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Lower Limb Prosthetics

Condition: A prosthesis is an artificial substitute for a missing body part that is used to restore the function of that body part or for cosmetic purposes. Prosthetic lower limbs are those that are used in the thighs, knees, legs, ankles and feet (including the toes).

Background: The worldwide incidence of lower extremity amputation is high, and the amount of lower limb amputations that occur each year varies by country. In 2005, 1.6 million persons in the US were living with the loss of a limb, by 2050, the rate is expected to double to 3.6 million. Many of them use one or more lower limb prostheses.

Risk Factors: Absence of a lower limb due to vascular conditions (resulting in poor blood flow to the legs), diabetes, wounds/infections, trauma, cancer, and being born without lower limbs.

History and Symptoms: When determining the best lower limb prosthesis, a physical medicine and rehabilitation (PM&R) physician considers the patient’s personal situation, such as their employment, level of independence, potential for walking, and whether or not they hope to take part in sports.

Physical Exam: Before prescribing a lower limb prosthesis, physicians (usually PM&R physicians) assess many factors, such as how well the existing limb(s) function; the condition of the residual limb(s), the stability of the joints, as well as the patient’s weight and mental capacity. PM&R physicians are uniquely suited to evaluate the function of residual limbs, stability of joints, deformities, and evaluate the overall function of the lower limb prostheses.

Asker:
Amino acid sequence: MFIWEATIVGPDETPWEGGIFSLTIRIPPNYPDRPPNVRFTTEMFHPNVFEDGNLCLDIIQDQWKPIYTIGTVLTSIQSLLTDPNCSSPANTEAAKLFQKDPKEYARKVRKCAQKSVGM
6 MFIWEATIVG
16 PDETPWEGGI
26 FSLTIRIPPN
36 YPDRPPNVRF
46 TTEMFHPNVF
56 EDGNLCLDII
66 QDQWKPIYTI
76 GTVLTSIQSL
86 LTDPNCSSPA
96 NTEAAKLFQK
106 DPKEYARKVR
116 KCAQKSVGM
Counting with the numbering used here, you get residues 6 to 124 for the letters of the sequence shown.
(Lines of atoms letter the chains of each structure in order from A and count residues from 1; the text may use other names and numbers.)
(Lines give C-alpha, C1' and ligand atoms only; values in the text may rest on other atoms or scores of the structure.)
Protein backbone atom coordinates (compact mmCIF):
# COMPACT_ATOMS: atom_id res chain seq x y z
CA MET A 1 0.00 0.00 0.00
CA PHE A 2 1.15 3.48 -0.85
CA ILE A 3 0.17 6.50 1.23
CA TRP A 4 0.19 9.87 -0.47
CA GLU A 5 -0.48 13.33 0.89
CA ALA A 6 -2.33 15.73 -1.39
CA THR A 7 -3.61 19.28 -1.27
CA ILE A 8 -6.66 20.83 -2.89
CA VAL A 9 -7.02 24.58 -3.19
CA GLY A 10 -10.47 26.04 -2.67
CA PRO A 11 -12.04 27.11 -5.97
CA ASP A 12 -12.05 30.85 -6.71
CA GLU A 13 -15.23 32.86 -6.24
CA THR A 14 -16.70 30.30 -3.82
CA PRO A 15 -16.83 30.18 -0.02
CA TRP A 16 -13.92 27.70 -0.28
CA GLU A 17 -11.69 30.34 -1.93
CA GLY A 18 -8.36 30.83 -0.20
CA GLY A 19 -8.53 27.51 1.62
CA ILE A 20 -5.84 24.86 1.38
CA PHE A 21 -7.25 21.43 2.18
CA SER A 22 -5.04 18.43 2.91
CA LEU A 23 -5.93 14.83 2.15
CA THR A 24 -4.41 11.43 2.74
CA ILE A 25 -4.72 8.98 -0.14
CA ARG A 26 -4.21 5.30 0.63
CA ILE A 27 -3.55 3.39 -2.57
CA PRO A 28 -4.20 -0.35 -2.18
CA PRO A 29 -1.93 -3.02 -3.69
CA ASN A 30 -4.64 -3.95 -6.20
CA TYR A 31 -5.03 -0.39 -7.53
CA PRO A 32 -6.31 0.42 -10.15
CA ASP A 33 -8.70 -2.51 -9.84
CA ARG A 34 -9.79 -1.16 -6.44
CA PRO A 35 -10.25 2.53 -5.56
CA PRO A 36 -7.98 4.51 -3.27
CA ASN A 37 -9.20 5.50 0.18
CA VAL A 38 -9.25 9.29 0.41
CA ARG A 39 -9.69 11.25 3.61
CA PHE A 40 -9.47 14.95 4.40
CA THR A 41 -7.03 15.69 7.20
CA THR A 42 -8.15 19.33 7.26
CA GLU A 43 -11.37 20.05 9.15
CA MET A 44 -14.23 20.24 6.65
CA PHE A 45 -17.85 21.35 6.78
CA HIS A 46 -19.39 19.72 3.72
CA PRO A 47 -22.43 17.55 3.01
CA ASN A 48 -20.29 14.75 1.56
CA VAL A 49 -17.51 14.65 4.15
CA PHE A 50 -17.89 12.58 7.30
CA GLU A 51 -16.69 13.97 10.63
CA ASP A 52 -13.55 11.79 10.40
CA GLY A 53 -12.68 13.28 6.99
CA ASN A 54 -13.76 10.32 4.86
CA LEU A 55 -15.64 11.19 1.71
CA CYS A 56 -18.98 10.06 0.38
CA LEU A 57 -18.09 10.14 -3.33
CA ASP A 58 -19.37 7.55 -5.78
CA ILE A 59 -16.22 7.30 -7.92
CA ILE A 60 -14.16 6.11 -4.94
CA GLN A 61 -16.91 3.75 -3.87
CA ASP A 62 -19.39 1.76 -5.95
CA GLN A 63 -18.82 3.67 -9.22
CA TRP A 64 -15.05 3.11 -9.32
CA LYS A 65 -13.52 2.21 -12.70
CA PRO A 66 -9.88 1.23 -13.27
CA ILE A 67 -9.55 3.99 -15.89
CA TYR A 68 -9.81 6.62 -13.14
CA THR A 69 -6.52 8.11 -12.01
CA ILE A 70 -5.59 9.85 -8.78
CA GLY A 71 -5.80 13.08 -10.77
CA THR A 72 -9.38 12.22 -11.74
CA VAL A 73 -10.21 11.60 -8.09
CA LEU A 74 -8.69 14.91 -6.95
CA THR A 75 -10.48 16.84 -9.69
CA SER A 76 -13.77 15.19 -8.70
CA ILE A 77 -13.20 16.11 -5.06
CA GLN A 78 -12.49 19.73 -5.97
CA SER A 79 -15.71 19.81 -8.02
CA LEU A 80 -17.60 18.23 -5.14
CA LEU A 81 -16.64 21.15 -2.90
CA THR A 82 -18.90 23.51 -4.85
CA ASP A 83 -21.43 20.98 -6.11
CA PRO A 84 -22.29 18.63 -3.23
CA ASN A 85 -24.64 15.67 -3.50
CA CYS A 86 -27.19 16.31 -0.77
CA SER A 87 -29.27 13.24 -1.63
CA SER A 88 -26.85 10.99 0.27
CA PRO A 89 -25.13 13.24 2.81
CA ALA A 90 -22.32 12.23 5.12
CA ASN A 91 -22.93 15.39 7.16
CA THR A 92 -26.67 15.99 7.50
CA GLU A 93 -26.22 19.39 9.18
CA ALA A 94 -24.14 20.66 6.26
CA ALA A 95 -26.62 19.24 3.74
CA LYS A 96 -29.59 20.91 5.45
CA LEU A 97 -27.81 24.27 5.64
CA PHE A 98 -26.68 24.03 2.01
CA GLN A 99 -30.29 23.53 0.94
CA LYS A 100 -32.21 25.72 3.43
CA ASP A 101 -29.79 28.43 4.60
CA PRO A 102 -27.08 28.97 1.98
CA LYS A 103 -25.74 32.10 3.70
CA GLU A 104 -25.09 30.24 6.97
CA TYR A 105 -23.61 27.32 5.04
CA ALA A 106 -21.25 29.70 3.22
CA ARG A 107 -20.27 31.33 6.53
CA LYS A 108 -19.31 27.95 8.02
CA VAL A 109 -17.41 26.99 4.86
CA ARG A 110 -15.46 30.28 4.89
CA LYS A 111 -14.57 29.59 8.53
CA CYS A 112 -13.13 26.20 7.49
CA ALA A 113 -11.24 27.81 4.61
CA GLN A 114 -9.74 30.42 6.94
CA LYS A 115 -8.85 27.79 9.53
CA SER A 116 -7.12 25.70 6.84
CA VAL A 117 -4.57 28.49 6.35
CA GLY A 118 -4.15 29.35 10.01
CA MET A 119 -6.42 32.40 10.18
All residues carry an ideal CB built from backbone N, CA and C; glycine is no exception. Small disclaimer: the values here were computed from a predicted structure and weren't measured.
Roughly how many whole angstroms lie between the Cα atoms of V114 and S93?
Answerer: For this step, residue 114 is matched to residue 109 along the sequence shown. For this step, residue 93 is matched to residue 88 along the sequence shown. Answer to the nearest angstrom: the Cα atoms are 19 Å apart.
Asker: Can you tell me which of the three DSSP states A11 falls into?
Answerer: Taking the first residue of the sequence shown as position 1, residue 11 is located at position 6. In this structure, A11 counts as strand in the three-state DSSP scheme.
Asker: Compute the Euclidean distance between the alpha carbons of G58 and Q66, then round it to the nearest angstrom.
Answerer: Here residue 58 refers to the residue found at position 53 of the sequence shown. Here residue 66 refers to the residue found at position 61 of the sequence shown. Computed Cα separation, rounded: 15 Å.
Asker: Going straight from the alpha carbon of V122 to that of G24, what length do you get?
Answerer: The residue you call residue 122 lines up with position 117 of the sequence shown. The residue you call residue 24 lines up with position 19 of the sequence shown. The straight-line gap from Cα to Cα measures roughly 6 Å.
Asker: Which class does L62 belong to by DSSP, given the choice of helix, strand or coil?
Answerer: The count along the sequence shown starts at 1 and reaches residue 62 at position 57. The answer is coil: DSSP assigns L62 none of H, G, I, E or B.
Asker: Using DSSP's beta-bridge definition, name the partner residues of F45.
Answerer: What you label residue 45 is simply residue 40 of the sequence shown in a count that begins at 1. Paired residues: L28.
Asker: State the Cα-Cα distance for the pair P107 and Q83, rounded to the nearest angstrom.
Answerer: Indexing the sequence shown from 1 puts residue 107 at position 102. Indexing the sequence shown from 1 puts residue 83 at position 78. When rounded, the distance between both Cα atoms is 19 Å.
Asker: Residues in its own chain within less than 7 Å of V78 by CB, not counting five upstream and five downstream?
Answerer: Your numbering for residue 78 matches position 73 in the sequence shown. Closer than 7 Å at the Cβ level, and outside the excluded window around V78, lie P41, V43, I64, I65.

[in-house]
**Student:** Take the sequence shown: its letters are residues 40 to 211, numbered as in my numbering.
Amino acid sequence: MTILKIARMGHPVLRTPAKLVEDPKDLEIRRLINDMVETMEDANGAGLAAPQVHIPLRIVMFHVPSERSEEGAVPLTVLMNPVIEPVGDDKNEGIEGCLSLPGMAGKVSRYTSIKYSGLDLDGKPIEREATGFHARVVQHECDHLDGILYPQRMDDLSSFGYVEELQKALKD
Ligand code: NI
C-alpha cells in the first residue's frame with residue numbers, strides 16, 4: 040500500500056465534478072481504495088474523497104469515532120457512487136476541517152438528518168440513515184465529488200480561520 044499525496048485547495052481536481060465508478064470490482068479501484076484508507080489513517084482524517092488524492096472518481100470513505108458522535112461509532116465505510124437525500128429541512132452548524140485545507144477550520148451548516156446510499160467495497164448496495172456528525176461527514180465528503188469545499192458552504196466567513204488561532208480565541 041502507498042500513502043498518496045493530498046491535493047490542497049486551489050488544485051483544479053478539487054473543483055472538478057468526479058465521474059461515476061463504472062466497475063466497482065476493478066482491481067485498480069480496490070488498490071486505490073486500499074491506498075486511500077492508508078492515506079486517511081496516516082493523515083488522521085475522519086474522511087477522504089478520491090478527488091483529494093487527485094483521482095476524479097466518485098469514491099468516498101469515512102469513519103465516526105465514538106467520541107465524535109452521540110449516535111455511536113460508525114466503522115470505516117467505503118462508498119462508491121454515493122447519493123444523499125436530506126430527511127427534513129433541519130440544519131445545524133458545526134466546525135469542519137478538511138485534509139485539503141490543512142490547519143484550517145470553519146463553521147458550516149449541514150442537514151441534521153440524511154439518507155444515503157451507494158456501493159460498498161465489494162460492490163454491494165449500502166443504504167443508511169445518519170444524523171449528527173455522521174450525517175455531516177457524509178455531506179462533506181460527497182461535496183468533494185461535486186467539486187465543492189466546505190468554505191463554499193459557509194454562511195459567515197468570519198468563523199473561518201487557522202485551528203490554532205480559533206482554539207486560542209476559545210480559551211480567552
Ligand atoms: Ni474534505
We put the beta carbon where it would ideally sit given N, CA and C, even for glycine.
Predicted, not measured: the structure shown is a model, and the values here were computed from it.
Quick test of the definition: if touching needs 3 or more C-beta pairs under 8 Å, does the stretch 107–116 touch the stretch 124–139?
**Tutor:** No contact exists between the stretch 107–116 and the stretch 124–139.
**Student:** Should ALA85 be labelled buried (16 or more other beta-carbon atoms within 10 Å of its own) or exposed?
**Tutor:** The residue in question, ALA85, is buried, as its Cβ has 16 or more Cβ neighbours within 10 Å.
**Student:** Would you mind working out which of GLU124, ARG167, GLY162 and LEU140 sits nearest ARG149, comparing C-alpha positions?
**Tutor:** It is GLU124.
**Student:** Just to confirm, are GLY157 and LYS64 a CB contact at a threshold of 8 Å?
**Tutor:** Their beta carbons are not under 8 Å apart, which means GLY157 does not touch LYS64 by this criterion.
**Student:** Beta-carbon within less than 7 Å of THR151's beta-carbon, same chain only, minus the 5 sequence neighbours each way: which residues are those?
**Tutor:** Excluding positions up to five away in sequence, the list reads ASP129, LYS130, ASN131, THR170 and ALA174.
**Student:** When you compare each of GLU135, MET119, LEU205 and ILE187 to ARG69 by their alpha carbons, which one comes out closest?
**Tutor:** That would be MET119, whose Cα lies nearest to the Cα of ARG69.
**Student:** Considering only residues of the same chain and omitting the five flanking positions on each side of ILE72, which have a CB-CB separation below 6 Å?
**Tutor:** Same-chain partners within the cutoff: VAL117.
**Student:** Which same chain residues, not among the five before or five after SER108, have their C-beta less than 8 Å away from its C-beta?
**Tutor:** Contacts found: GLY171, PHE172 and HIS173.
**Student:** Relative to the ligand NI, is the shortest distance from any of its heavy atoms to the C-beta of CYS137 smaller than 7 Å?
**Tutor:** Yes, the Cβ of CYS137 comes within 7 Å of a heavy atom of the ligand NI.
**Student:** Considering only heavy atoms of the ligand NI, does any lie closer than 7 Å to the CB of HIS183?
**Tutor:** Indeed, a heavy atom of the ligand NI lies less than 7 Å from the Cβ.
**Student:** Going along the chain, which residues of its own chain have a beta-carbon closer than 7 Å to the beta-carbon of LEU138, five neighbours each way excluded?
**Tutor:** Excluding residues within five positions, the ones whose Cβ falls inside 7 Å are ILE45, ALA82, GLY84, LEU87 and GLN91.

Diagnostic Process: After the residual limb heals and conforms to a healthy shape that is best for the prosthesis, the prescription for the prosthesis is written and the prosthesis is fitted and used. There have been many advances in the types of protheses that are available to patients with a lower extremity amputation. There are prostheses that can not only be customized in looks and design but also have functional features such as electronically powered knee and ankle joints. On the cutting-edge front there are a few bionic prostheses being developed where the user can control these lower limbs with the power of their mind.

Rehab Management: It takes patients with amputations time to adjust to lower limb prosthetic use. Typically, 6 to 12 months are spent with a rehabilitation team, relearning how to walk, balance, and use the prosthesis in their daily activities. Some of this time is spent as an inpatient in acute rehabilitation and some spent as an outpatient. If the prosthesis is uncomfortable, PM&R physicians and their teams can often adjust them. These teams often include prosthetists, physical therapists, occupational therapists, nurses, and social workers. The patient and their family members also become valuable parts of this team with the common goal to make the patient with the absence of a lower limb functional again and get back to doing what they love. 

Other Resources for Patients and Families:  Strong support from family and caregivers is important for patients with the absence of a lower limb. Groups such as the Amputee Coalition’s Peer Support Program can help. For patients with amputations there are also great resources from the National limb loss center and their State Resource Map.

 

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